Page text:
Fri, Apr 3, 2020
Funding projects to help restore or repair Japan’s national treasures and other important cultural assets is one of the chief endeavors of the Tsumugu Project. In fiscal 2019, Tsumugu — jointly promoted by the Agency for Cultural Affairs, the Imperial Household Agency and national daily The Yomiuri Shimbun (Tokyo) — took on to help finance eight projects, some of which are already bearing fruit.
On March 30, 2020, the Dozui Kasho Dendomon — a certificate issued to Saicho (Dengyo Daishi; 767-822), the founder of Tendai Buddhism, by Daosui (Dozui), the seventh patriarch of the Tiantai (Tendai) school in China — was returned to Enryakuji, the head temple of Tendai on Mt. Hiei (Otsu), after nine months of repair work. The ancient document (25 centimeters by 82 centimeters), which was showing signs of severe wear and tear, had been kept at the Kyoto National Museum since last June for repairs to deal with exfoliation and infestation.
The government-designated important cultural property is scheduled to go on display at the Kokuhoden Museum (National Treasure Hall) located on the premises of Enryakuji from June 22. It can also be viewed at a special exhibition (organized by The Yomiuri Shimbun and other institutions) to be held at the Kyoto National Museum in 2021-22 highlighting the treasures of Tendai Buddhism.
On the same day, Buddhist scrolls found from two Buddhist statues were returned to Kongobuji — the head temple of Shingon Buddhism located on Mt. Koya in Wakayama Prefecture — after repairs. The scrolls will we be showcased at the Reihokan Museum — the treasure house of the temple — until April 13.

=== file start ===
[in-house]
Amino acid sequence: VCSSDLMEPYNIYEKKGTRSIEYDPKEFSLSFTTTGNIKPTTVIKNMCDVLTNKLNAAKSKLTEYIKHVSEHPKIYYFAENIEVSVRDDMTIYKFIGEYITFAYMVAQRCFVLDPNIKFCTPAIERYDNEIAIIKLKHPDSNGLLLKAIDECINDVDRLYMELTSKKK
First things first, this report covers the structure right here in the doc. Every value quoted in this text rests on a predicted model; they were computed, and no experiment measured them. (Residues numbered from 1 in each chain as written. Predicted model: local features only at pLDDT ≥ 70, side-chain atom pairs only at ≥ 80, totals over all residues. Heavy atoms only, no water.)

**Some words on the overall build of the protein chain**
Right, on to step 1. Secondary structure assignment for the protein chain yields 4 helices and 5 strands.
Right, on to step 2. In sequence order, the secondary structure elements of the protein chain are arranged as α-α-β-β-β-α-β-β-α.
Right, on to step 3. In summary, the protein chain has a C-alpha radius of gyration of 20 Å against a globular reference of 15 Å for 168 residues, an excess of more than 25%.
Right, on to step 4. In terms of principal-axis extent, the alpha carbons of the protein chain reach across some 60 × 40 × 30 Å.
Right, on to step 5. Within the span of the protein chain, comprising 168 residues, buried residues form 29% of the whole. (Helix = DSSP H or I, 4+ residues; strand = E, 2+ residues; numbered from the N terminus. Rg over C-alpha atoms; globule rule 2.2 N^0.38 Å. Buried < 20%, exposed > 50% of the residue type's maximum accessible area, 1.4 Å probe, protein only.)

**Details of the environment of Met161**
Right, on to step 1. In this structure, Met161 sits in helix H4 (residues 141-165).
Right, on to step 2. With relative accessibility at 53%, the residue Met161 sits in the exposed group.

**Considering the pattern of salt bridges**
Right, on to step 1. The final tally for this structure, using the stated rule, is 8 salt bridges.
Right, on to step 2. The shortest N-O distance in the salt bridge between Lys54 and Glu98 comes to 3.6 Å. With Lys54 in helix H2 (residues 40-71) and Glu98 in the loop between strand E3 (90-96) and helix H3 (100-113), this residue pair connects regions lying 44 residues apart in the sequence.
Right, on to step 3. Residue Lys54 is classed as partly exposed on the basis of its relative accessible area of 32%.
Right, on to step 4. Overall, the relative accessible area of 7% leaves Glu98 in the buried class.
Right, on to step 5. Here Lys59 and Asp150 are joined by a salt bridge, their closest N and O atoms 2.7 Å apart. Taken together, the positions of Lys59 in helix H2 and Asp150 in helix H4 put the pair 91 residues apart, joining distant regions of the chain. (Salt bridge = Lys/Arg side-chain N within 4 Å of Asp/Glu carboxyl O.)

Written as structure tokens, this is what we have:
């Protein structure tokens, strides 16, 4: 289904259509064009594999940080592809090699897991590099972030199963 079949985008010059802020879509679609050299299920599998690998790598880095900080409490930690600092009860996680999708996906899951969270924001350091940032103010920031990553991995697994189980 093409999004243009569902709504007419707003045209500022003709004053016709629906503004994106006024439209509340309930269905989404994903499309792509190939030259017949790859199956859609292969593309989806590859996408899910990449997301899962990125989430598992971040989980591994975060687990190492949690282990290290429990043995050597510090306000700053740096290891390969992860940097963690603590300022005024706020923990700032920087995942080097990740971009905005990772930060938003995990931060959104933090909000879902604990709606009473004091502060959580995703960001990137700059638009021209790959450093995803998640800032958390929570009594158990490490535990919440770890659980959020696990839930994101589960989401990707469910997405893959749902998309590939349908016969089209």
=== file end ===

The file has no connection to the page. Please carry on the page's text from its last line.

The statues — the wooden statue of standing Shukongoshin and the wooden statue of standing Jinja Daisho, which are both government-designated important cultural properties — are works of Kaikei, a master Buddhist sculptor of the Kamakura period. The Hokyoin darani (Karanda-mudra-dharani) scrolls were found from these statues and sent to a workshop inside the Nara National Musuem for repairs in April last year. The scrolls were moistured with vapor before they were opened and later mended using paper.
Repair work of yet another government-designated important cultural property was completed the same day. A letter written by Emperor Ogimachi (late Muromachi period – Momoyama period), which had been under repair at a workshop inside Kyoto National Museum, was shown to representatives of the Daiun-in temple (Kyoto) — the owner of the item — for final inspection. Backing paper was exchanged and washi (or Japanese paper) was newly applied for reinforcment. In this letter, the Emperor refers to the upbringing of his children.
In fiscal 2020 (starting in April), the Tsumugu Project will grant funds to help restore the nine wooden statues of seated Amida Nyorai (Amitabha Tathagata) — a government-designated national treasure housed at Joruriji temple in Kyoto — and six other cultural assets. Part of the proceeds from Tsumugu exhibitions and other cultural events will be used to help finance these projects.
Of the nine statues of the Amida Nyorai at Joruriji, the principal statue will go under repair this fiscal year with the financial assistance of Tsumugu. The gold leaf peeling off from its surface and other problems will be dealt with in the repair work.
(From Yomiuri Shimbun reports and other sources)
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